Uncommon in pts receiving atypical meds
Does not respond well to anticholinergic

Risk factors: antipsychotics -more common in middle

age women Interventions: change or reduce meds, Inderal -monitor
clients blood or urine glucose level for pt who have
diabetes, monitor pulse and BP when giving Inderal
can cause hypotension and bradycardia hold if P <60,
notify physician, validate client symptoms, reassure its
treatable, assist with eating and drinking if necessary,
adequate hydration and rest; Can give Artane,
Cogentin, benadryl, Symmetrel, monitor for
anticholinergic effects, an also can give Valium, Ativan.
Normal signs of hypoglycemia may be blocked by
Risk factors: Risk factors: antipsychotic - young men,
adolescents and children risk for aspiration #1 RN
Interventions: Acute reaction - give Benadryl IV, IM for
rapid reverse effect then give Cogentin, Artane,
Symmetrel. Monitor for anticholinergic effects.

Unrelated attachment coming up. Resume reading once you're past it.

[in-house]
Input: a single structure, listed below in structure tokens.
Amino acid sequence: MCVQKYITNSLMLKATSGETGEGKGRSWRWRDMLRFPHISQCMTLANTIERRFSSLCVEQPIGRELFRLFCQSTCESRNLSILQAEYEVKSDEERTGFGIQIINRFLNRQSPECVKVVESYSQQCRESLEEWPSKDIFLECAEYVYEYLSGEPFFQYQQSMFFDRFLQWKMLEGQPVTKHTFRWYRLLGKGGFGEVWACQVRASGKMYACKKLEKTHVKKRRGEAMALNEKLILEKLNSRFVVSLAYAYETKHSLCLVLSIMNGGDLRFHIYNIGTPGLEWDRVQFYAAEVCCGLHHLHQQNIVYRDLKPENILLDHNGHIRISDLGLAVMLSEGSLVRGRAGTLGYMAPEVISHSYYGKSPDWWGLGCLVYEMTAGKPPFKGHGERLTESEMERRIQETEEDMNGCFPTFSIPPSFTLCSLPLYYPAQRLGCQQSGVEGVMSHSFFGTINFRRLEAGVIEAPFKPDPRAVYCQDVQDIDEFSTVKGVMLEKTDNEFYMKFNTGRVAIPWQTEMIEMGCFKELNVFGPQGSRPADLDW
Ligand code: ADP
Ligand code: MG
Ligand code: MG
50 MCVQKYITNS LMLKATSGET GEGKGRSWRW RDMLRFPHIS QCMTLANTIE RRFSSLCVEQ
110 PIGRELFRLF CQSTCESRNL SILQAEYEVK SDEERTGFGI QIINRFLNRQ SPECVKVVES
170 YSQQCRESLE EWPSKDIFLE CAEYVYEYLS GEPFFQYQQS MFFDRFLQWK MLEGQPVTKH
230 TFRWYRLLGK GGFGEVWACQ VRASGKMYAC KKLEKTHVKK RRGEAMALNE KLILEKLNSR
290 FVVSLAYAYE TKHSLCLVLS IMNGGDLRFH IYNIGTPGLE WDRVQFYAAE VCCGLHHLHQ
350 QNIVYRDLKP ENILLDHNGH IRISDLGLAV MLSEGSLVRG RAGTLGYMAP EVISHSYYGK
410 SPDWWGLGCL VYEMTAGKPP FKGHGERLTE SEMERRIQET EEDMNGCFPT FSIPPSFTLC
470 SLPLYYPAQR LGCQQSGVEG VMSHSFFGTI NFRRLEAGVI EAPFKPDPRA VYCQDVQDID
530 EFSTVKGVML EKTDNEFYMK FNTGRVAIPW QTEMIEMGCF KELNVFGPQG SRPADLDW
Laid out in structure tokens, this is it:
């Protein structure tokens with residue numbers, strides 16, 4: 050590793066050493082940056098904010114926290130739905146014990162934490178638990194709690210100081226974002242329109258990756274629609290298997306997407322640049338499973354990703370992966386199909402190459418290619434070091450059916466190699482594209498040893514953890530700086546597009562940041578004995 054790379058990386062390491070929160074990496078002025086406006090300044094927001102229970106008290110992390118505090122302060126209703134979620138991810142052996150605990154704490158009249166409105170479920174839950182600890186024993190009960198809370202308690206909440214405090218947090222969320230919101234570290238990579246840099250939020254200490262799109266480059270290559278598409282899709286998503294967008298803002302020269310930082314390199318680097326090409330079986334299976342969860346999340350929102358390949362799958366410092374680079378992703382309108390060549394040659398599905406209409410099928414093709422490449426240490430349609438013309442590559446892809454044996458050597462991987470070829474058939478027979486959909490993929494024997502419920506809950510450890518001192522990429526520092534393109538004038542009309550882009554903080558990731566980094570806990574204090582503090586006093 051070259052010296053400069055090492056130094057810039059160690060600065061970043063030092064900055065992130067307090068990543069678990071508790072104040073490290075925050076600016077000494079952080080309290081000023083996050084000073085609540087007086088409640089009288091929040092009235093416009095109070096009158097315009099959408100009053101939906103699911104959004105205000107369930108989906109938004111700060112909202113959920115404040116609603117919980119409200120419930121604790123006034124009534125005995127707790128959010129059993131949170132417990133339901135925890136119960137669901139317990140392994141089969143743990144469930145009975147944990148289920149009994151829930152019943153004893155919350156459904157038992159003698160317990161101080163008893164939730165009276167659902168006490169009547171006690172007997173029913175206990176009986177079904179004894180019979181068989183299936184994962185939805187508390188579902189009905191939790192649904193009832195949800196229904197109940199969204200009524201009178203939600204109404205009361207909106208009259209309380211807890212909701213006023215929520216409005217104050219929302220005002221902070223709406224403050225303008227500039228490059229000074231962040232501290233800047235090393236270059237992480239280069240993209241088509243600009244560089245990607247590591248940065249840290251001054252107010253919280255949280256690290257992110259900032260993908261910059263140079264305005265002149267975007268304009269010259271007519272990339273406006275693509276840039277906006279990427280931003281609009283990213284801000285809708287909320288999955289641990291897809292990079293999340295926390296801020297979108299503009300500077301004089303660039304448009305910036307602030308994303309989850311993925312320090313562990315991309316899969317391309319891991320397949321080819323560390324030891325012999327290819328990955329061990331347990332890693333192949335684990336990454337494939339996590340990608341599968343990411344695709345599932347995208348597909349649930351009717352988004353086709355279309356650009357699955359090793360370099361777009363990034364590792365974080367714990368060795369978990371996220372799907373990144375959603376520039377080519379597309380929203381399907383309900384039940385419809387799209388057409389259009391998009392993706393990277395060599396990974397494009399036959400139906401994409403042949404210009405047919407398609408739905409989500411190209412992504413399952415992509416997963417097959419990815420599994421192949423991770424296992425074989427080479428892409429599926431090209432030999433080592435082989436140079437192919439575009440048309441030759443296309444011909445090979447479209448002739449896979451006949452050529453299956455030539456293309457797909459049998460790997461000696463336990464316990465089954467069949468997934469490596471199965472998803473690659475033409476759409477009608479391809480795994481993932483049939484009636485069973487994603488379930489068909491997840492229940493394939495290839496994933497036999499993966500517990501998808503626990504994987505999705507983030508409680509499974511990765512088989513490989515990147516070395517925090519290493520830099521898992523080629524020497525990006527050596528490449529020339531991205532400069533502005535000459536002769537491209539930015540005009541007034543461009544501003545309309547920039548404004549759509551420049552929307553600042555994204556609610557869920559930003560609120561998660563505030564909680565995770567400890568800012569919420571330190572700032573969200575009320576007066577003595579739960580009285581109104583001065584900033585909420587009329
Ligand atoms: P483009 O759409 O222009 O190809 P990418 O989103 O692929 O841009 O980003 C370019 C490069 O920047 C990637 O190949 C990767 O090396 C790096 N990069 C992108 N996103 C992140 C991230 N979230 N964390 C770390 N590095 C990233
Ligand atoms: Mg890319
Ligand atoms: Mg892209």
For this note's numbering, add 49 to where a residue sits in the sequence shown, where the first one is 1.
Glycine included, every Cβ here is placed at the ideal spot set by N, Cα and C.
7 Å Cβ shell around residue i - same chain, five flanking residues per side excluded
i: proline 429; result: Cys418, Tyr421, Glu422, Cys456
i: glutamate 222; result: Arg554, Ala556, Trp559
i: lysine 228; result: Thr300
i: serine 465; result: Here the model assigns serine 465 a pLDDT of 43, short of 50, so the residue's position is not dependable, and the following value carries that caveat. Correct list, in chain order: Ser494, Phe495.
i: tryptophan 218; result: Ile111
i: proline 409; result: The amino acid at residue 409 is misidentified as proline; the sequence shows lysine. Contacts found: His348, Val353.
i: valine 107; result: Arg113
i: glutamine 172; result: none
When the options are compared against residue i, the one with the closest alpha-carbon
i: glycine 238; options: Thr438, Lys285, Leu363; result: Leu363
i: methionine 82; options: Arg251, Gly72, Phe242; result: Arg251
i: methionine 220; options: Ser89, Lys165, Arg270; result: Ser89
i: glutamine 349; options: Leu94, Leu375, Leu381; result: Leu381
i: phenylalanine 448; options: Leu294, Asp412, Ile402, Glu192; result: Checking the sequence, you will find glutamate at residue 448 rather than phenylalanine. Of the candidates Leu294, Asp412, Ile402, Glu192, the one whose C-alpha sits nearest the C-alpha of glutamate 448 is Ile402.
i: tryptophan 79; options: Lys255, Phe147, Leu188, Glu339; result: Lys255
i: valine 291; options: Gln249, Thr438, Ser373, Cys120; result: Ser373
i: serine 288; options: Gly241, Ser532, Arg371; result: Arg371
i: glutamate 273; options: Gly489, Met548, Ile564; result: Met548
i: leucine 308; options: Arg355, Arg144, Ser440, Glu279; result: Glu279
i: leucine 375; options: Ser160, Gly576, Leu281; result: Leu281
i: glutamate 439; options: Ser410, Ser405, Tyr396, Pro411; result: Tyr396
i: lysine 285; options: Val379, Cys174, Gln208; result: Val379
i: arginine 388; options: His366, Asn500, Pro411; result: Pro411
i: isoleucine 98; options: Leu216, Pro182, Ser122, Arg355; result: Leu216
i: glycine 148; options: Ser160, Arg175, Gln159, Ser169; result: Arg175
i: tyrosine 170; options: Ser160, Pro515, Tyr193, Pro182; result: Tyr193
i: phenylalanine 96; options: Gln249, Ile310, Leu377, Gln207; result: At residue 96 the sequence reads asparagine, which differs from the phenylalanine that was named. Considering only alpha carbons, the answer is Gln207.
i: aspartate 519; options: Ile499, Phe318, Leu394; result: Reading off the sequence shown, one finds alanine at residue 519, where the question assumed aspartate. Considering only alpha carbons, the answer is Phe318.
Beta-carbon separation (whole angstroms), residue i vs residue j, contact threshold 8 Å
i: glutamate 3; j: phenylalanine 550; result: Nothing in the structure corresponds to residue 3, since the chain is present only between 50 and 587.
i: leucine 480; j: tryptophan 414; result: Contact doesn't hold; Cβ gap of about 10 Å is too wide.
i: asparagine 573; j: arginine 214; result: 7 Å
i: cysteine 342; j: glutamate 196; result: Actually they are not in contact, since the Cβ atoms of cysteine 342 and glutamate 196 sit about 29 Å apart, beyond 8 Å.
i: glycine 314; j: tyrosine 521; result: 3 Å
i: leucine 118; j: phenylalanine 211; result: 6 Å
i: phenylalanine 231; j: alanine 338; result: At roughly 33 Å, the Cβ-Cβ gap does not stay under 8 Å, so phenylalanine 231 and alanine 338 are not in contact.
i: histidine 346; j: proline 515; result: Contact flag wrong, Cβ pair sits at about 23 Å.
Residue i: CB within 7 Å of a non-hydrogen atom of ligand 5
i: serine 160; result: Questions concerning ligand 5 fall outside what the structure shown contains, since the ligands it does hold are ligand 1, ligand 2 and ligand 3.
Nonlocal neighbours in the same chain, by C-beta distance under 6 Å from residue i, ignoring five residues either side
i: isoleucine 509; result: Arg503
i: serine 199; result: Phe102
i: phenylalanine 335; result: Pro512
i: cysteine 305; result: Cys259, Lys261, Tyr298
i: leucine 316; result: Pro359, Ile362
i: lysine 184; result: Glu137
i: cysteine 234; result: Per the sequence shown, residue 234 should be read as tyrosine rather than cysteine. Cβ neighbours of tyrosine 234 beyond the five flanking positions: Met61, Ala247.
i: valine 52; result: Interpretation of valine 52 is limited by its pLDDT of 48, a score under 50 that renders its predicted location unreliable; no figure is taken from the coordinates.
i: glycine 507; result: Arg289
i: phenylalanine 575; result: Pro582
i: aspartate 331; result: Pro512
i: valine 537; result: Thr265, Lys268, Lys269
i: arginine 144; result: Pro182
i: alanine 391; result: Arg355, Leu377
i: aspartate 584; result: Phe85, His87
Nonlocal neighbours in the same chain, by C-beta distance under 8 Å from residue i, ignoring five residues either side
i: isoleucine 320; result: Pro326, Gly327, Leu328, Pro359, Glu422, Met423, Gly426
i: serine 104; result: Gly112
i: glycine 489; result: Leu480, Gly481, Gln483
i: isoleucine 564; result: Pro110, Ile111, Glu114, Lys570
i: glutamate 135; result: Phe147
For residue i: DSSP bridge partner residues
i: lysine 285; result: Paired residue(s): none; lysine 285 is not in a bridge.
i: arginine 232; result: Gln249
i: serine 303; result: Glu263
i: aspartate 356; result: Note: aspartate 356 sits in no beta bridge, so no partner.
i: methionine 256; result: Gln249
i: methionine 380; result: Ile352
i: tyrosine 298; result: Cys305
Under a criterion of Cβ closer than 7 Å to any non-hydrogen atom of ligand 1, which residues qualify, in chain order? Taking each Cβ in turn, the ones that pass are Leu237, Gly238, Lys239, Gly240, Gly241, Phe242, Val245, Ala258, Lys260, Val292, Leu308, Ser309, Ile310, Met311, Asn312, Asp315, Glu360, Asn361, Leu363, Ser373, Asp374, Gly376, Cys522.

Validate symptoms, assure its treatable, hydrate and
rest. Provide a quiet, non-stimulating environment until
the dystonia resolves.

DYSTONIA muscle spasm in any

muscle of the body, involuntary especially
of head and neck, may include torticollis
(stiffness of the neck which draws the
head to one side and the chin to the
opposite side), oculogyric crisis (an
involuntary dorsal arching of neck and/or
back- eyes roll back), protrusion of the
tongue, dysphagia, and laryngeal or
pharyngeal spasm with airway
compromise; usually frightening and
painful; abnormal posture, thick tongue,
tight jaw.
PSEUDOPARKINSONISM Parkinsonlike symptoms, acute EPS effect, triad

Risk factors: elderly, when pt. first start meds

Interventions: administer anti-Parkinson or

rigidity, akinesia slow movement, tremor,

mask-like face, loss of expression,
shuffling gait, hypersalivation and
drooling, propulsive gait, alterations of
posture, loss of associated movements,
RN DX: risk for injury, imbalanced
nutrition, lack of energy.
abnormal, involuntary movements that
usually begin in the face, neck, jaw
(tongue thrusting, writhing, or twisting;, lip